A principal architect of Iraq’s interim constitution, who resigned in August as one of the country’s top diplomats, has laid out a devastating critique of Prime Minister Nouri al-Maliki and the U.S. occupation, telling NBC News that, functionally, “there is no Iraqi government.”
The diplomat, Feisal Amin Istrabadi, said in his first interview since stepping down as Iraq’s deputy ambassador to the United Nations that “this government has got to go.”
When he resigned, Istrabadi, a U.S.-born lawyer who lobbied for the U.S. invasion and was the principal legal drafter of Iraq’s interim constitution, said he was leaving because it was time for fresh ideas after having served three years at the United Nations.
But Istrabadi made it clear in an exclusive interview with NBC News that he was dismayed by al-Maliki’s government and the U.S. occupation, saying the government was stocked with incompetent administrators who had helped bring about “chaos and instability.”
The Iraqi government is an illusion, said Istrabadi, who is now a visiting professor at the Indiana University Law School. “You’ve got patently incompetent men appointed to important positions.”
Many government departments were apportioned to religious parties for political reasons, Istrabadi said, citing the Health Ministry, which he said was dominated by the Mahdi Army militia loyal to Muqtada al-Sadr, a radical anti-U.S. cleric.
“You cannot have this sectarian doling out of the Cabinet ministries,” Istrabadi said. “You’ve got to bring in competent technocrats to try to run those ministries, the service ministries.”
U.S. political imperatives to blame
Istrabadi traced what he called the country’s “chaos and instability” in part to the U.S. insistence on holding elections in 2005, before Iraq had developed robust democratic institutions to buffer the influence of religious leaders.
“Both the Shia and the Sunnis were told if they didn’t vote for their respective parties, that would be a violation of their religious duties,” Istrabadi said.
The result was a government dominated by Shiite Islamist parties and a constitution rejected by Sunni ethnic groups. Shiite Islamist parties have blamed the Sunnis for refusing to engage in the political process.
“I think the question was: ‘Should elections have been held?’ And I think that there is only one answer to that question, and that’s absolutely not,” Istrabadi said.
Istrabadi blamed the Bush administration for pushing for the elections at least two years before Iraq was ready for them.
“What did we accomplish, exactly, [with] this push towards an appearance of institutions ... merely an appearance?” he asked.
“Except that an American politician can stand up and say, ‘Look what we accomplished in Iraq.’ When, in fact, what we accomplished in Iraq over the last three years has been chaos and instability.”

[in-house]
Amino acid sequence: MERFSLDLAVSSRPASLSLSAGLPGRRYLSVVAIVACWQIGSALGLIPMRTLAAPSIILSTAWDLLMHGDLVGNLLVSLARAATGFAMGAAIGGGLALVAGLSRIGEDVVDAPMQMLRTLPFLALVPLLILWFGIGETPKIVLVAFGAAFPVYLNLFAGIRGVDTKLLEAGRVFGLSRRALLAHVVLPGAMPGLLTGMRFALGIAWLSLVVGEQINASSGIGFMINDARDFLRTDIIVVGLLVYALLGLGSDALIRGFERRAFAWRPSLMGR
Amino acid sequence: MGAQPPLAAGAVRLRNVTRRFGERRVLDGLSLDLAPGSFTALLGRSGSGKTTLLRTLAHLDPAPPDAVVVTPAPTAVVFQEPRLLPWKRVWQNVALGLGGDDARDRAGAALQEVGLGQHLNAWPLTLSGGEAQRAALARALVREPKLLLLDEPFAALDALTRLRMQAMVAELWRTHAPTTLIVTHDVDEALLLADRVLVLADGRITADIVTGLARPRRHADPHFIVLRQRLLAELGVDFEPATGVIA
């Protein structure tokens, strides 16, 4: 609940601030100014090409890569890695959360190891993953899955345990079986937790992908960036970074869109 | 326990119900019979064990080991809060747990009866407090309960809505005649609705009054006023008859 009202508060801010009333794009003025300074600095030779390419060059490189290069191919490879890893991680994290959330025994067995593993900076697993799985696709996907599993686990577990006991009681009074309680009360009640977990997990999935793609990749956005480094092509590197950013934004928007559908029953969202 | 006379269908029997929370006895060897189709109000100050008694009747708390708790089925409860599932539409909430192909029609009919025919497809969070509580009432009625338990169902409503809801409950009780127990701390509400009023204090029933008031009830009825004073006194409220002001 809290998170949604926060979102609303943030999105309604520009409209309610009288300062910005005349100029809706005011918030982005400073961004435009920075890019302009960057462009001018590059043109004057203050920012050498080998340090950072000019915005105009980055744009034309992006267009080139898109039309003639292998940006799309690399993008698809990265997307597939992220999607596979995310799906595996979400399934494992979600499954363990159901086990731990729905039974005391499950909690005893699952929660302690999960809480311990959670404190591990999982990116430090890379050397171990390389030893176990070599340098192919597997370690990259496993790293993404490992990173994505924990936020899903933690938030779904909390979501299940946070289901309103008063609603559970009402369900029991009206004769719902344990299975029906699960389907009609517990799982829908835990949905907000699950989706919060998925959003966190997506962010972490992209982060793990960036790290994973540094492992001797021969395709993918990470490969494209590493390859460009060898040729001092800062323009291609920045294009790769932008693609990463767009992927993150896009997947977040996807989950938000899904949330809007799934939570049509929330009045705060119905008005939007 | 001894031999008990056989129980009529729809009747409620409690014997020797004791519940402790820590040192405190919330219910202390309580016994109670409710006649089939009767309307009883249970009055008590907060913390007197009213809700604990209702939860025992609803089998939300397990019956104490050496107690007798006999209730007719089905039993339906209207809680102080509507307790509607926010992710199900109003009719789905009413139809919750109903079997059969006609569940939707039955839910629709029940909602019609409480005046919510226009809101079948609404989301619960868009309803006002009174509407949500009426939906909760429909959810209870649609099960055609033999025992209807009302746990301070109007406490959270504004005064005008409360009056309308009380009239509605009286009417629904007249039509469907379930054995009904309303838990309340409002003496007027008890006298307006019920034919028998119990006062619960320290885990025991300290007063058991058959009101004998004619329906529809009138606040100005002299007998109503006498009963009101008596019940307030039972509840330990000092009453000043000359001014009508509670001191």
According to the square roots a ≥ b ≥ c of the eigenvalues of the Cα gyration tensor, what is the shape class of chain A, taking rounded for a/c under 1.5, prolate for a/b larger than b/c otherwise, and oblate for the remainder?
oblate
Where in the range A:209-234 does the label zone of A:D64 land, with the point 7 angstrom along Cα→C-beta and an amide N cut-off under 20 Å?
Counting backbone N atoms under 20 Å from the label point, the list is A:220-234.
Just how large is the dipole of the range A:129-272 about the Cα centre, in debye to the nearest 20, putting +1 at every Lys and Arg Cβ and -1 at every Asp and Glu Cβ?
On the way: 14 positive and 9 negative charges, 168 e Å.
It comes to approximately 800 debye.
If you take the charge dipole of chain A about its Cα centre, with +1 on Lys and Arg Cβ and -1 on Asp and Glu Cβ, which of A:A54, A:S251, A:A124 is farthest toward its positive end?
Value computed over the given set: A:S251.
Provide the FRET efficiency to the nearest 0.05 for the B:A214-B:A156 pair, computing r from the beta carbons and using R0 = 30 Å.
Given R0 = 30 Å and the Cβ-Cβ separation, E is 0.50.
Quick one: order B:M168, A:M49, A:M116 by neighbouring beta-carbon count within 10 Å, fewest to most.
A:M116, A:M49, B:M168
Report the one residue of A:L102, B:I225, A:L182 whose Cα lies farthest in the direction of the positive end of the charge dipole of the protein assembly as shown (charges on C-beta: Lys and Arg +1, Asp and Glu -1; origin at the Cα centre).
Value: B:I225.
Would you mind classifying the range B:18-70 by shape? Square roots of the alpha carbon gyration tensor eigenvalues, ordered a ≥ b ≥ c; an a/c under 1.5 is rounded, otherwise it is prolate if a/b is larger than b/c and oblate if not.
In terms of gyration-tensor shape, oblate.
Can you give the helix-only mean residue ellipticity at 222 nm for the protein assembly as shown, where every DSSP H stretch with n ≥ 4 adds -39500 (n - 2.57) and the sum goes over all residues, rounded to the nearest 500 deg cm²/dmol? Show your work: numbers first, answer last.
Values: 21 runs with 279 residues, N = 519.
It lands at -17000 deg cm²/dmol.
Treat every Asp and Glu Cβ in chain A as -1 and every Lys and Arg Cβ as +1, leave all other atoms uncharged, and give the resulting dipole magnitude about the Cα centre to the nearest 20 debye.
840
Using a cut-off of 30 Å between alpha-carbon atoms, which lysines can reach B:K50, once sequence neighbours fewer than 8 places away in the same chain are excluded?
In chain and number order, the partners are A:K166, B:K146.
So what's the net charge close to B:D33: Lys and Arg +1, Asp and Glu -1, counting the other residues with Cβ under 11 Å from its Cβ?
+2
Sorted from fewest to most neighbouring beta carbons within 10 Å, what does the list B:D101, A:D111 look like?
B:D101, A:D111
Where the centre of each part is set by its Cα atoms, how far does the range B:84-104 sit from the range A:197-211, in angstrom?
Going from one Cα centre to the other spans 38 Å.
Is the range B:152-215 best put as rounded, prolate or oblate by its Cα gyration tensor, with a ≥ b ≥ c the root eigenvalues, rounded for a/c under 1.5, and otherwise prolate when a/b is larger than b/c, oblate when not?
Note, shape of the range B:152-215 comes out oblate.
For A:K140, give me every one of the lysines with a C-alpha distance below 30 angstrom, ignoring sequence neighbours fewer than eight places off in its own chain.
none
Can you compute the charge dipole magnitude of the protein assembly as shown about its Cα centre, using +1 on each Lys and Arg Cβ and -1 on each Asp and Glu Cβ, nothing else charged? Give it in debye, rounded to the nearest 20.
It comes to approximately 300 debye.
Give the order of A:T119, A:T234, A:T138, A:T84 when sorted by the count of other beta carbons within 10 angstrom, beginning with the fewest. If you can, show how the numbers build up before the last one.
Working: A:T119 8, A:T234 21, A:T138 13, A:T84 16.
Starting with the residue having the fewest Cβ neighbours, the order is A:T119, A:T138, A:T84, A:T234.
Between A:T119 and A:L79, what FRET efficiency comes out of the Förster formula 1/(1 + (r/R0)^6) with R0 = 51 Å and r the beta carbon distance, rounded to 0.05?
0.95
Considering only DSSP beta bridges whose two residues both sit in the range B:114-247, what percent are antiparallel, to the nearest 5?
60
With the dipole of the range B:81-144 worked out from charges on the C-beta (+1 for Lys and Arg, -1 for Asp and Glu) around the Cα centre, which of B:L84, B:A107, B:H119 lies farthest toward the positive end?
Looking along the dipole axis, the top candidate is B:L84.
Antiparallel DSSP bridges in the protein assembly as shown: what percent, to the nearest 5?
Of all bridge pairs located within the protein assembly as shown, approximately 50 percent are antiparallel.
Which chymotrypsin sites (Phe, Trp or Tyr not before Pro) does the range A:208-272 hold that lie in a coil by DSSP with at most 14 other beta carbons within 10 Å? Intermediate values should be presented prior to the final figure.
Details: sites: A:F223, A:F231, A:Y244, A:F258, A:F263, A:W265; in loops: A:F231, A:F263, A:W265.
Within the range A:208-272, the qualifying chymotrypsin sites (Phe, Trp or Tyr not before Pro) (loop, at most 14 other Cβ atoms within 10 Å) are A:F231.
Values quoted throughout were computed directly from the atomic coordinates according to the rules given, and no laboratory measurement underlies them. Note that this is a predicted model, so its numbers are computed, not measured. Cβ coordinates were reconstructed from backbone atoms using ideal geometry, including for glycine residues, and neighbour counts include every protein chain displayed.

Free to speak out
Istrabadi acknowledged that he harbored those doubts at the time but was powerless to speak out because he represented the government. “I publicly defended them because that was the government’s policy,” he said.
Free of that burden now, Istrabadi was eager to speak out.
Istrabadi said there were probably are few politicians in Iraq who could still build enough support to replace al-Maliki, whose government has been marked by instability and frequent discussions about a possible Cabinet reshuffling. But he lamented that the situation was so chaotic that they probably would not want the job.
“Fundamentally, you have the Iraq state falling apart and an inability on the part of the political class to put it back together,” he said.
He also had harsh words for the United States’ protection of private contracting firms. A U.S.-Iraqi panel is reviewing the use of private security companies after 17 people were killed when guards employed by Blackwater USA opened fire on civilians Sept. 16 in Baghdad.
Contractors are immune from Iraqi prosecution under a decree issued in June 2004 by Paul Bremer, then the U.S. administrator of Iraq.
Istrabadi said the Iraqi government had pushed for three years for a “Status of Forces Agreement,” which would outline U.S. and Iraqi rights with regard to armed combatants, to no avail.
“What right does Paul Bremer have to exempt entities from the application of Iraqi law?” Istrabadi asked. “He created a lawless class in Iraq.”
A man of two countries
Istrabadi, 45, a stocky man with the persuasive style of an accomplished lawyer, was born in the United States to Iraqi parents — his father was a Shiite and his mother a Sunni — in exile. As a young child, initially he returned with his parents to Iraq, and he holds both U.S. and Iraq citizenship.
He witnessed Saddam Hussein’s rise to power, watching on television as 13 people were hanged.
When Saddam’s Baath Party consolidated control in 1970, his family fled to the United States again, and he would spend the next 33 of his life as an exile in America.
Istrabadi became active in Iraqi opposition circles beginning in 1996, and he pushed eagerly for the U.S. invasion of Iraq. Even now, he is unwilling to call the invasion a mistake.
But he is glum over the prospects for his native country, and he is frustrated by what he found there.
“If I could say that the government, U.S. policy, was headed in a positive way in Iraq — so that I could see a light at the end of the tunnel — it would have been harder to walk away,” he said.